Okay, this took longer than I anticipated, and there were a lot of factors to this. All I know is last month, I had posted about an undertaking where I was supposed to make quick comments about at least 25 books on my to-reads list. In any case, this one would be book #1. I am hoping to do this a bit more frequently, but such as it is, too much reading, and little opportunity to do so at the moment.
Anyway, for my first read, I’d gone into the science fiction route, and figured I might as well go with a familiar author: Paolo Bacigalupi.
I read Bacigalupi’s Ship Breaker ages back, and had enjoyed it because it brought science fiction to a young adult level and kind of made it “hip” and “popular” (much like Neal Shusterman did with Unwind and James Dashner did with The Maze Runner). It was, at the time, for me, refreshing, and much like what I had hoped to read as far as YA scifi went–without all that YA romance that seemed to be prevalent in things I’d been reading lately. Anyway, to shorten this preface, I liked Ship Breaker, I enjoyed it, and I meant to read more Bacigalupi afterwards.
Of course, I’m kind of slow on the “continue to read an author” department, and not since Tamora Pierce have I actually been constant in my authoring ways (okay, I suppose Kristin Cashore might count, too, but in my defense, she only had the three books out). I do have favorites, though, but that’s besides the point.
And so I picked up The Windup Girl. Many reasons, including “oh, Asian backdrop” and “oh…an automaton!” come to mind. Other than that, I really didn’t know what to expect of the novel, just that from hearsay, it had been a less enjoyable write than Bacigalupi’s young adult book (or should I say books now? Yeah, I’m outdated).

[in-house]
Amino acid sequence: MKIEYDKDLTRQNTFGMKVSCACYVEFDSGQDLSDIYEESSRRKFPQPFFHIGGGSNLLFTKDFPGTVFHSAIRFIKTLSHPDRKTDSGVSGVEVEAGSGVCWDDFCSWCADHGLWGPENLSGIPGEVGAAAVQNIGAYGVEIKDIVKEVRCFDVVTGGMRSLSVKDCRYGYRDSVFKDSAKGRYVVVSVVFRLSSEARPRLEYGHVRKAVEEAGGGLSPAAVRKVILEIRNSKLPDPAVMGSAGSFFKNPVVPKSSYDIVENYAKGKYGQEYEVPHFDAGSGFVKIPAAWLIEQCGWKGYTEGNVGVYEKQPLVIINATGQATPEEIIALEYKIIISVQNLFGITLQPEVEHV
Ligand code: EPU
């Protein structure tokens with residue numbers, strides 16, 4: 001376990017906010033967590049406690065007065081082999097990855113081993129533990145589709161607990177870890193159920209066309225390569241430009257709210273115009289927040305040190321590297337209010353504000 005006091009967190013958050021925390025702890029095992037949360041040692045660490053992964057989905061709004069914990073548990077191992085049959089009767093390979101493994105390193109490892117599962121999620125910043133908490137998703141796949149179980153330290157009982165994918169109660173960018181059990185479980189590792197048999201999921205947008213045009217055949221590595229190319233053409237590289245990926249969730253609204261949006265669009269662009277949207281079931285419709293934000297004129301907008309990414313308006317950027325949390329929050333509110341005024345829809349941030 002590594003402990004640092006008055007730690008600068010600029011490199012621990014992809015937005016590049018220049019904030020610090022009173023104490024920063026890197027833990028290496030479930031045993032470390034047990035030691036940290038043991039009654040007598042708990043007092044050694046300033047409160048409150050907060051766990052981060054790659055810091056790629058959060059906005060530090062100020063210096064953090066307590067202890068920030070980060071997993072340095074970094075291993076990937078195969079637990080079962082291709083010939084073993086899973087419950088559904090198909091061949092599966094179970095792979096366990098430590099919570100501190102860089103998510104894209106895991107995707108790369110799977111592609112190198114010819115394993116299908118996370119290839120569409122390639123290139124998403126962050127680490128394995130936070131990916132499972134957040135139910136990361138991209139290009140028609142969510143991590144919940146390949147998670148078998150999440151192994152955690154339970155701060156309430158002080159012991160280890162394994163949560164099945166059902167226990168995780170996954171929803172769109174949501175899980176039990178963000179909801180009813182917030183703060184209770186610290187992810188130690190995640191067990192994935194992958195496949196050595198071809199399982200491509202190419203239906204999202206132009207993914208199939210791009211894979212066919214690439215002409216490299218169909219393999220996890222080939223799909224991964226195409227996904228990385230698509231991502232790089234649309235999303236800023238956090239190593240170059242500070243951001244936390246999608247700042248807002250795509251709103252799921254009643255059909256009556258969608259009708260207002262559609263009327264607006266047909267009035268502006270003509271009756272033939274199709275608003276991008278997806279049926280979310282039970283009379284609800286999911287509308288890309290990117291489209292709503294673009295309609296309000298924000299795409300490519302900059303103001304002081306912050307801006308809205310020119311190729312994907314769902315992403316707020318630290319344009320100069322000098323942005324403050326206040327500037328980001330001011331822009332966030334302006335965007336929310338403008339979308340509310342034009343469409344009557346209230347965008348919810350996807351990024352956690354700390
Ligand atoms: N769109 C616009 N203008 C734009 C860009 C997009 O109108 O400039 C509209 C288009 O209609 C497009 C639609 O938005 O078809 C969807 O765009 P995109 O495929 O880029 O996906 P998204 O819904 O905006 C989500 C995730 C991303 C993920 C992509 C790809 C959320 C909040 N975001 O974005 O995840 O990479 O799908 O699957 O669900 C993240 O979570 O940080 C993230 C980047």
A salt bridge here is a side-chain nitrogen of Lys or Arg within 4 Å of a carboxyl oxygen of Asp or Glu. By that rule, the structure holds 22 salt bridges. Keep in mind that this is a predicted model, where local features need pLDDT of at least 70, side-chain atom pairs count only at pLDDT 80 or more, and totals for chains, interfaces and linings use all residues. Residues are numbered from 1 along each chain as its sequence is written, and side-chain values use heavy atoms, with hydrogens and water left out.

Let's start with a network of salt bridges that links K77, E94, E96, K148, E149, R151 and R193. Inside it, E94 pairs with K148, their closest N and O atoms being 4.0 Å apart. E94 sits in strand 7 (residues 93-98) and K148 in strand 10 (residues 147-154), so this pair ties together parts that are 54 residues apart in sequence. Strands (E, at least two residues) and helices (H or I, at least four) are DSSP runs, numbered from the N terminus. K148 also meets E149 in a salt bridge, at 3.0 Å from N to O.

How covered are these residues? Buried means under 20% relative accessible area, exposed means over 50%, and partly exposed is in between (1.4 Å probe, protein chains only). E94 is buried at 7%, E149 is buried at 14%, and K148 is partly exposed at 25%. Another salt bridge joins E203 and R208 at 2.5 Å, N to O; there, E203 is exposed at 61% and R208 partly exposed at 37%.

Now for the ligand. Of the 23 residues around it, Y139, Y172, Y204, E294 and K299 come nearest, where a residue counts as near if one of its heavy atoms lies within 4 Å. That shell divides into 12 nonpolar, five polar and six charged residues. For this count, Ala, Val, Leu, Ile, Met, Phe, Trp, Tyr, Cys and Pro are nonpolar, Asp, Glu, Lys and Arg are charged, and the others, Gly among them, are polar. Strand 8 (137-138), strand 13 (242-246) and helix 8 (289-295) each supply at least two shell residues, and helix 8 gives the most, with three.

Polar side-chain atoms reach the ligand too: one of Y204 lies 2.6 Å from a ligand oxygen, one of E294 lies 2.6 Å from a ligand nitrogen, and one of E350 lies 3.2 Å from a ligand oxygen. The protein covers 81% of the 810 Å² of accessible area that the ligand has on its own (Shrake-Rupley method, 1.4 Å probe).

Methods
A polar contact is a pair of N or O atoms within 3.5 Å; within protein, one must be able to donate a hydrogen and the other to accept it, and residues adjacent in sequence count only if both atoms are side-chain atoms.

The Windup Girl encompasses a story with multiple characters, taking place in a futuristic dystopic Thai kingdom fashioned with a 19th century mindset. Food shortage is a problem, what with genetic infections spreading across the world, rendering plants and even rice a remarkable commodity. “Calorie companies” have taken over in manufacturing, the Chinese are nothing but lowly “Yellow cards,” and the automatons are the “New People,” with their “stutter-stop” motions that render them nothing but subservient servants even lower than dirt.
A couple chapters in, I wasn’t sure where or why windup girl Emiko even mattered, other than the fact that she was just another “person” trying to survive within the society. Anyway, she was probably my least favorite of the viewpoints (which is sad, because I tend to like females, especially non-Western females), whereas the Tiger of Bangkok had some of the best scenes in the story.
As I mentioned in my uber-short goodreads review, I had a difficult time reading the book. This could be because I’m not used to a “hard scifi” mindset, or maybe it was my lack of interest for the other characters, but Windup Girl left me lukewarm. I did really like the backdrop and the conflict that occurred, but it wasn’t something I was overly psyched over. C’est la vie, I guess.
For me, all I really wanted every time I picked up to read the story was to eat a bucketful of rambutan:
Too bad the fruit’s hella expensive here in the good ole’ U S of A.